Login and logout

Remote login

A remote login is a connection between your personal computer and another computer via a network (normally the internet). Your computer is local and the other computer is remote. In the case of Melbourne Bioinformatics (formerly VLSCI), the remote system will be one of our supercomputers. A remote log in allows you to type commands into your computer and have them execute on the remote system, with the results displayed on your screen.

Connection between local and remote computers

There are a few ways to remotely login to a Unix computer, but at Melbourne Bioinformatics we require you to use the Secure Shell (ssh). It is secure because it encrypts all the data sent between the connected computers, which, amongst other things, prevents eavesdroppers from seeing your password in plain text.

In order to use ssh you must run an ssh client on your computer and tell it the hostname of the remote computer. These are the hostnames of the supercomputers at Melbourne Bioinformatics:

Barcoo and Snowy are x86 clusters. More information about these machines is available.

There are a variety of ssh clients available depending on which operating system you use. We show how to use ssh clients on Windows, OS X and Linux below.

SSH login from Windows

On Microsoft Windows we recommend that you use an ssh client called "PuTTY" (putty.exe), which can be downloaded from this web page:

http://www.chiark.greenend.org.uk/~sgtatham/putty/download.html

Documentation for using PuTTY is here:

http://www.chiark.greenend.org.uk/~sgtatham/putty/docs.html

When you start PuTTY you should see a window which looks something like this:

Putty Configuration Window

To connect to one of the computers at Melbourne Bioinformatics you should enter its hostname into the box entitled "Host Name (or IP address)", then click on the Open button. All of the settings should remain the same as they were when PuTTY started (which should be the same as they are in the picture above).

In some circumstances you will be presented with a window entitled PuTTY Security Alert. It will say something along the lines of "The server’s host key is not cached in the registry". This is nothing to worry about, and you should agree to continue (by clicking on Yes). You usually see this message the first time you try to connect to a particular remote computer.

If all goes well, a terminal window will open, showing a prompt with the text login as:. An example terminal window is shown below. You should type your Melbourne Bioinformatics username and press enter. After entering your username you will be prompted for your password. Assuming you type the correct username and password the system should then display a welcome message, and then present you with a Unix prompt. If you get this far then you are ready to start entering Unix commands and thus begin using the remote computer.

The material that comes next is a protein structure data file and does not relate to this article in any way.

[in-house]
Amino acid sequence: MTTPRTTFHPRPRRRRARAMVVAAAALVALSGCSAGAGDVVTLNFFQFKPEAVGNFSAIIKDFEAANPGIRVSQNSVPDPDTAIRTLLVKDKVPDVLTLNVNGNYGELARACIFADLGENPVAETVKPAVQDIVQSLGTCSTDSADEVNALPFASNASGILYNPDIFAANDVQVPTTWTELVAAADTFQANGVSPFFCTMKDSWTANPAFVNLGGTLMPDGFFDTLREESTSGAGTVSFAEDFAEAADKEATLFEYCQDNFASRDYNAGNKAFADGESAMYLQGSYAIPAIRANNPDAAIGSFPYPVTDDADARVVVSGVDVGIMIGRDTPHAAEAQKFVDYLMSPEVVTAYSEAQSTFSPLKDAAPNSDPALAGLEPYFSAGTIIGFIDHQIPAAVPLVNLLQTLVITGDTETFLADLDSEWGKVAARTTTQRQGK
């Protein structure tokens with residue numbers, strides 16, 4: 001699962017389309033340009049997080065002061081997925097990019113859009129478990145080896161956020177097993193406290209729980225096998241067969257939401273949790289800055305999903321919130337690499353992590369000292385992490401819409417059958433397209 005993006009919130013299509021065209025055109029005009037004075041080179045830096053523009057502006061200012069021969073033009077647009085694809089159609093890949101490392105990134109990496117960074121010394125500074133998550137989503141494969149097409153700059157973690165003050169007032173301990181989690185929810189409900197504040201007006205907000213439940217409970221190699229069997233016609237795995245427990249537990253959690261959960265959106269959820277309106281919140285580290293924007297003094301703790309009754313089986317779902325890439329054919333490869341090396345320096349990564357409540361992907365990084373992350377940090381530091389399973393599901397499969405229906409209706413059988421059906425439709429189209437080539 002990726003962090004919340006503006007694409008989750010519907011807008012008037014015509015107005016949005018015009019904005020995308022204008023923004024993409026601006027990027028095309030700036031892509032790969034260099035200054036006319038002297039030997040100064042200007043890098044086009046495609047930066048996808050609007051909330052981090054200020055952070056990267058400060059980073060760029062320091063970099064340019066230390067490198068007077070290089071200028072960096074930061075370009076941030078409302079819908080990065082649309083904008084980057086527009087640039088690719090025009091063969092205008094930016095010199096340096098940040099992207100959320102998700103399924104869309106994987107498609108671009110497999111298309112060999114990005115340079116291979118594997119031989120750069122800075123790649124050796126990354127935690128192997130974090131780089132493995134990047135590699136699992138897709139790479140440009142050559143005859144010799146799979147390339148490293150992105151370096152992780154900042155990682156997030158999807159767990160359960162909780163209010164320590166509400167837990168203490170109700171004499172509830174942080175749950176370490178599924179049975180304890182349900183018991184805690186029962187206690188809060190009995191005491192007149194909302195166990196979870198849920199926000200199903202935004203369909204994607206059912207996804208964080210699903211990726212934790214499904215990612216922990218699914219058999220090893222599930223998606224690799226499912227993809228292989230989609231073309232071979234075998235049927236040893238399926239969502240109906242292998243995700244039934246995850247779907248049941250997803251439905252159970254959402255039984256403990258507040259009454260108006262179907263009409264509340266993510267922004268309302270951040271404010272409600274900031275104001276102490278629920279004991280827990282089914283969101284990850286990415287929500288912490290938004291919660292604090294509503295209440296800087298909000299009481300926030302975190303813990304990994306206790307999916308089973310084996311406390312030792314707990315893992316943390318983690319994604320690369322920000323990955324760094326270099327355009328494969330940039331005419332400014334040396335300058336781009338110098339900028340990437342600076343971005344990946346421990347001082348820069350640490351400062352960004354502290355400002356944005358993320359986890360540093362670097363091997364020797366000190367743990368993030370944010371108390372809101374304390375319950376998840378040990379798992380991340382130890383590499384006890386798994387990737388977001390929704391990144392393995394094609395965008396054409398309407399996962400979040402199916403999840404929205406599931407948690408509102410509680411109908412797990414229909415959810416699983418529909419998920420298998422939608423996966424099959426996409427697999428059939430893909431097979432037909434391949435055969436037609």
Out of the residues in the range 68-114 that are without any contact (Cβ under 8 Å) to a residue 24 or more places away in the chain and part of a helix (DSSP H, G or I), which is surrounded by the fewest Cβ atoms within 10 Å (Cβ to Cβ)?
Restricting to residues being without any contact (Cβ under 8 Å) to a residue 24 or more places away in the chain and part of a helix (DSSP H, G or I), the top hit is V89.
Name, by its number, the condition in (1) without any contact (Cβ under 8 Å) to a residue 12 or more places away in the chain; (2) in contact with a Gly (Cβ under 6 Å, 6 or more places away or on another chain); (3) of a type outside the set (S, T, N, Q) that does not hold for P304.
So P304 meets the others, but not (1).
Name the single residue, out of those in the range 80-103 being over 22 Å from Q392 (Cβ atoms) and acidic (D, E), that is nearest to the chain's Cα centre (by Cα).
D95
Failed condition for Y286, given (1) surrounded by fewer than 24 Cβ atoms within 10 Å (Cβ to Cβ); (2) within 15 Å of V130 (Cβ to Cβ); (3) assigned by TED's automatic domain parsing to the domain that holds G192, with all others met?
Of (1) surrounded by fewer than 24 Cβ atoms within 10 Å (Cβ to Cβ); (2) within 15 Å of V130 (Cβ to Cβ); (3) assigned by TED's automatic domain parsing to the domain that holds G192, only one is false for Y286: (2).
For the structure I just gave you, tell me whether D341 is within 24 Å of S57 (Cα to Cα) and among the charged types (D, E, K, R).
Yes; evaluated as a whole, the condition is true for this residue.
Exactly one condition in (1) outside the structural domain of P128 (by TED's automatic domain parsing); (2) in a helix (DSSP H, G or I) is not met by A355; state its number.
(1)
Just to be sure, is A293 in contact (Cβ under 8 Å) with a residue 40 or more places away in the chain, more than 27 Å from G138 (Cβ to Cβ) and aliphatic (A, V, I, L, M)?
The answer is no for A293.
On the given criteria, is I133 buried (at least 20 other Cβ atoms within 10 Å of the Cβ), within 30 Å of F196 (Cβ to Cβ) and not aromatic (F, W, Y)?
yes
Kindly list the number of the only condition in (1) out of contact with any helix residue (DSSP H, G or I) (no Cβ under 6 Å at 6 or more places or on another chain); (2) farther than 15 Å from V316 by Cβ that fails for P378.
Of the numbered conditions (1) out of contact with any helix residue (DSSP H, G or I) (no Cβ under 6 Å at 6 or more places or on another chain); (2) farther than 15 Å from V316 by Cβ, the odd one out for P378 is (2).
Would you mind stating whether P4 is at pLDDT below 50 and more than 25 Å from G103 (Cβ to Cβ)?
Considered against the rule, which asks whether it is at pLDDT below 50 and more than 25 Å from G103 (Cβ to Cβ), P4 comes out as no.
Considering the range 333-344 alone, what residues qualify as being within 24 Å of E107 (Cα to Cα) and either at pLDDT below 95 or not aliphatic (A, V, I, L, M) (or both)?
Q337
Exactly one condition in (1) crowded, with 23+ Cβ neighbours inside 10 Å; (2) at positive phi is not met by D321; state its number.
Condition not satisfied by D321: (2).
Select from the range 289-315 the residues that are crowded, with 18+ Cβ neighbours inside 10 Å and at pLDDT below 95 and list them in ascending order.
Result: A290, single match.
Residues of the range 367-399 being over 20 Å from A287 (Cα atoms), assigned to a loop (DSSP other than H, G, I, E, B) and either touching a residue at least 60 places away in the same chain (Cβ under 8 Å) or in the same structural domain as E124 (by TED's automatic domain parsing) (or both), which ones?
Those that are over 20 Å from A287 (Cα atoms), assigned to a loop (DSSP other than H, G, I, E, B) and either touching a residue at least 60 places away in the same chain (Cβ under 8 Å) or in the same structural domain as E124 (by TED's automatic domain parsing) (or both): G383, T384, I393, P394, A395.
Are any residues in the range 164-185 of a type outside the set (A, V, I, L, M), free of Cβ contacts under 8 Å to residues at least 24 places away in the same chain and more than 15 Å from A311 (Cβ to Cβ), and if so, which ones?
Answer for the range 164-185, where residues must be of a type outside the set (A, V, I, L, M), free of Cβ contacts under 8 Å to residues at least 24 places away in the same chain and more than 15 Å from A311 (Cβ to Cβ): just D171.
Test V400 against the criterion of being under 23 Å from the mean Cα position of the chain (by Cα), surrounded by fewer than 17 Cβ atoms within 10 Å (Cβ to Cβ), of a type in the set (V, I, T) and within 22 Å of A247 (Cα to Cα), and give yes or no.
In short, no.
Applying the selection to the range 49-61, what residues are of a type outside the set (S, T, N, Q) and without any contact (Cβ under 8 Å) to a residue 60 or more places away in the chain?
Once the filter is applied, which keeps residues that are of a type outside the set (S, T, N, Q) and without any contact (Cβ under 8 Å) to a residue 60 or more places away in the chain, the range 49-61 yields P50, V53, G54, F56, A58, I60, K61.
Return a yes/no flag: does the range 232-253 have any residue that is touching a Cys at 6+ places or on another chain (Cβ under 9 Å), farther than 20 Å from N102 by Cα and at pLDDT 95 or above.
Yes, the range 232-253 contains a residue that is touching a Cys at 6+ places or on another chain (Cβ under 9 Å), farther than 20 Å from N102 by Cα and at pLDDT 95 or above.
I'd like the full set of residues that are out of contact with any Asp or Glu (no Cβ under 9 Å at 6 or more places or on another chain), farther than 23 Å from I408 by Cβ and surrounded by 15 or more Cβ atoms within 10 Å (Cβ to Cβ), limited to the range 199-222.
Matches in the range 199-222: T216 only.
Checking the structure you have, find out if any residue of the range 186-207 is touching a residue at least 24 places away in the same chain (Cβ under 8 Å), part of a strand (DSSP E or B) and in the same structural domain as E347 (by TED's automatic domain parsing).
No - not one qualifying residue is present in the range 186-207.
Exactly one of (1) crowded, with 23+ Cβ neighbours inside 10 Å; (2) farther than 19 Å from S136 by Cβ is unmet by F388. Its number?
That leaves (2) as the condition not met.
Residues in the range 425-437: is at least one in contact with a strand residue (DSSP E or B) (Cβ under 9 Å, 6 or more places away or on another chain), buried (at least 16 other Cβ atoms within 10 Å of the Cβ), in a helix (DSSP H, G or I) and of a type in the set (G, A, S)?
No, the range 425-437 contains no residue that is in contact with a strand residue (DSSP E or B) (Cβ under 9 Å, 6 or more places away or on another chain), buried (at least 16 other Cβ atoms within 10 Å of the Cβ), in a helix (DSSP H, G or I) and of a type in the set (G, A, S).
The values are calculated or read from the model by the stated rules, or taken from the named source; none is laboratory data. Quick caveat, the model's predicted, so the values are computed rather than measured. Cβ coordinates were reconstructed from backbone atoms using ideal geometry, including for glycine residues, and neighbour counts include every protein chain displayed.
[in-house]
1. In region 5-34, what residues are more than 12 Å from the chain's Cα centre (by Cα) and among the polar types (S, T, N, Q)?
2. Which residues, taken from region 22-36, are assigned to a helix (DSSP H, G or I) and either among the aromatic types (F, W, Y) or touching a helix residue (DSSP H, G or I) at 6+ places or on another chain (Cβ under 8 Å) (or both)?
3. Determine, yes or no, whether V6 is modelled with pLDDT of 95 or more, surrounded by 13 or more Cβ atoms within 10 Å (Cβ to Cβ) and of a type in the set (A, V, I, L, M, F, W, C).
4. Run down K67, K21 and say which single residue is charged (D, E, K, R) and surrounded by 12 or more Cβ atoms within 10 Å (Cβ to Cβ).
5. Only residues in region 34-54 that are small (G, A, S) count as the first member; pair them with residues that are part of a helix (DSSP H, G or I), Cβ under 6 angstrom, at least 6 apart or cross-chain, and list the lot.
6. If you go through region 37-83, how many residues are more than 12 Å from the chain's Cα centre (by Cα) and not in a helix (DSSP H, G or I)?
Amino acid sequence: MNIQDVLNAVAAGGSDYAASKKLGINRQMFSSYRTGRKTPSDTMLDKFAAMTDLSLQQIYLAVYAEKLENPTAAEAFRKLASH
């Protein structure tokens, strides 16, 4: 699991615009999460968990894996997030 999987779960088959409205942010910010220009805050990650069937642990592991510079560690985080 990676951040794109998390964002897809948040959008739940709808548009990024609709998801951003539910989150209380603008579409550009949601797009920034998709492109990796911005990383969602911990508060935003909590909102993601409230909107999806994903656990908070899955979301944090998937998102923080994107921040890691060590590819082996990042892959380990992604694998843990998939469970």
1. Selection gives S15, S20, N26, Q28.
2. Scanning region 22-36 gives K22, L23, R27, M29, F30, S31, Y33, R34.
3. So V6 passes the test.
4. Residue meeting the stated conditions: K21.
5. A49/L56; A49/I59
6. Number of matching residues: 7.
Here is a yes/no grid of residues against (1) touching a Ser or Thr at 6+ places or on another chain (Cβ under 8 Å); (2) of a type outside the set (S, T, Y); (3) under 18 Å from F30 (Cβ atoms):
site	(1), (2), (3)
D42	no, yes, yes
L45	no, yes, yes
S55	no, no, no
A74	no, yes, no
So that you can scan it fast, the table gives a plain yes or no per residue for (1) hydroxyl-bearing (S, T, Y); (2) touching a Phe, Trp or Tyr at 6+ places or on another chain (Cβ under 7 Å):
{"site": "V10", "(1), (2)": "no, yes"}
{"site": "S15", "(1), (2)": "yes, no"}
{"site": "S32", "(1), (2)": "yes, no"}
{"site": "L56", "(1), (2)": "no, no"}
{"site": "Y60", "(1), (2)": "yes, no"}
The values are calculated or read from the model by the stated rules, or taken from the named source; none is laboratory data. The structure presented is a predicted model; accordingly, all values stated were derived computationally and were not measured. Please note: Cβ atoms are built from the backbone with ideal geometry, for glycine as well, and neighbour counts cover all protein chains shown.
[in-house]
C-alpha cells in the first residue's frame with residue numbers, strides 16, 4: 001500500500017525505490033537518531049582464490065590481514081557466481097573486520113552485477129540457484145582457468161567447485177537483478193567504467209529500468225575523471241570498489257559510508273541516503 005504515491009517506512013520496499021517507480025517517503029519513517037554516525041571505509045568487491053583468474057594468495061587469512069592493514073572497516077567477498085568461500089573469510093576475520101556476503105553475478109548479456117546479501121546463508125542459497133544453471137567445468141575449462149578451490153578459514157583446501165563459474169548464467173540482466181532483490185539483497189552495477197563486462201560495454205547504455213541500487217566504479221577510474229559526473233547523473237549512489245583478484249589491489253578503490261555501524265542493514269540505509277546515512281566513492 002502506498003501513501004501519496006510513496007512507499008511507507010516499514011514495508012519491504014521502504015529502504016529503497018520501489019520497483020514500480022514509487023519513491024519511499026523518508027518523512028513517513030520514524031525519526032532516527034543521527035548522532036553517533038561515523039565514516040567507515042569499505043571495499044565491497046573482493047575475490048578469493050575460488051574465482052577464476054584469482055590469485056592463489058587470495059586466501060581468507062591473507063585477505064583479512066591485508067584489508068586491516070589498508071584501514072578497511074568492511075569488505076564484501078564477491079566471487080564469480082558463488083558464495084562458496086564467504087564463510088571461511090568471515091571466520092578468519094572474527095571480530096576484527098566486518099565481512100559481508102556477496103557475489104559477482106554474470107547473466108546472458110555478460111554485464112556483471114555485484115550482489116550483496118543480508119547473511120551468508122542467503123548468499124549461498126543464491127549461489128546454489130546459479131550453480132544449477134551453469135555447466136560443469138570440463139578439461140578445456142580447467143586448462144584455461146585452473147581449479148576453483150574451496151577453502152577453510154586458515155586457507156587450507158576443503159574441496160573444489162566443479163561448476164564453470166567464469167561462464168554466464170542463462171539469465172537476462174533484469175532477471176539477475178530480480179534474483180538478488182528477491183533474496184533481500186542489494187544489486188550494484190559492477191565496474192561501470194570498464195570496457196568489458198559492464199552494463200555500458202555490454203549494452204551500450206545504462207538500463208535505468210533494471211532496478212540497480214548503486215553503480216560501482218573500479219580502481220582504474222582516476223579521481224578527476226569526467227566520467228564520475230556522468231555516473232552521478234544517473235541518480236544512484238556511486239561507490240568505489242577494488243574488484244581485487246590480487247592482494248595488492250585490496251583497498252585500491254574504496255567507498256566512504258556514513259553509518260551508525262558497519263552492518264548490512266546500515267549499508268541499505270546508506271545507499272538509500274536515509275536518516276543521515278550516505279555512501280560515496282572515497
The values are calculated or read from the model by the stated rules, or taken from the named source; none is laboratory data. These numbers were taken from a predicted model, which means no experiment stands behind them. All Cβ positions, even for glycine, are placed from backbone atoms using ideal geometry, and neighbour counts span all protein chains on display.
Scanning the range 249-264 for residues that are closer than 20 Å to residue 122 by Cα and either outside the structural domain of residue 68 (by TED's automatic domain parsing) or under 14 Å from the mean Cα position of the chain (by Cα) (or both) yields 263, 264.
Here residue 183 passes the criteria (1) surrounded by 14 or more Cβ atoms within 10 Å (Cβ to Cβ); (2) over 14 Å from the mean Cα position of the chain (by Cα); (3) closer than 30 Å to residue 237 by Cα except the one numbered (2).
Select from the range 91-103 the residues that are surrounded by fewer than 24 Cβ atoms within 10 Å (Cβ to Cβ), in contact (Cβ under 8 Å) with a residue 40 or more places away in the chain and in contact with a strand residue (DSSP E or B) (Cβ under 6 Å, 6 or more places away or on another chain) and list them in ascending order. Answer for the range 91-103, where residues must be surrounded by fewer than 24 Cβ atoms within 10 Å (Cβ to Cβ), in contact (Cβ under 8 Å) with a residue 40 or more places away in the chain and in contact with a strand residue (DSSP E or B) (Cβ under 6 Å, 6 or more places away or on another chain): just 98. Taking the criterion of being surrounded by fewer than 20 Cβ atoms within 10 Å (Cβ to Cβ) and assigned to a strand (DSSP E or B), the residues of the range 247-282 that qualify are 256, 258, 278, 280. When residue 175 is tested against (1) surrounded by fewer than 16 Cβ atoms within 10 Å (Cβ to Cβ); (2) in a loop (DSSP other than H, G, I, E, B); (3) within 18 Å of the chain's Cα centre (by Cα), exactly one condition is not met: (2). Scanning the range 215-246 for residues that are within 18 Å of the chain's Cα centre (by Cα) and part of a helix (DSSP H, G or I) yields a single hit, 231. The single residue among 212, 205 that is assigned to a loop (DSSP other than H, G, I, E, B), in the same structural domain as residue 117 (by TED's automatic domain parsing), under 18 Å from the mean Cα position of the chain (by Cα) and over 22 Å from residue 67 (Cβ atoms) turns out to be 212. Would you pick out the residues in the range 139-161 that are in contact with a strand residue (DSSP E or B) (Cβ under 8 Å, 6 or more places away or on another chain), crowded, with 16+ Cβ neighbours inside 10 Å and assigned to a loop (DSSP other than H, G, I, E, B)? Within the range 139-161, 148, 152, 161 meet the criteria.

Putty terminal window

SSH login from Mac OS X and Linux

Both Mac OS X and Linux come with a version of ssh (called OpenSSH) that can be used from the command line. To use OpenSSH you must first start a terminal program on your computer. On OS X the standard terminal is called Terminal. It is installed by default and you can find it in the Utilities folder (/Applications/Utilities). On Linux there are many popular terminal programs including: xterm, gnome-terminal and konsole. (If you aren’t sure, then xterm is a good default.) When you’ve started the terminal you should see a command prompt. To log into Snowy, for example, type this command at the prompt and press return (where the word username is replaced with your Melbourne Bioinformatics username):

ssh username@snowy.melbournebioinformatics.org.au

The same procedure works for barcoo or any other machine where you have an account.

You may be presented with a message along the lines of:

The authenticity of host 'snowy.melbournebioinformatics.org.au (128.250.108.4)' can't be established.

...

Are you sure you want to continue connecting (yes/no)?

Although you should never ignore a warning, this particular one is nothing to be concerned about; type yes and then press enter. If all goes well you will be asked to enter your password. Assuming you type the correct username and password the system should then display a welcome message, and then present you with a Unix prompt. If you get this far then you are ready to start entering Unix commands and thus begin using the remote computer.

Logout

When you have finished using the remote computer you can terminate your connection by typing logout or exit, or just quit your ssh client.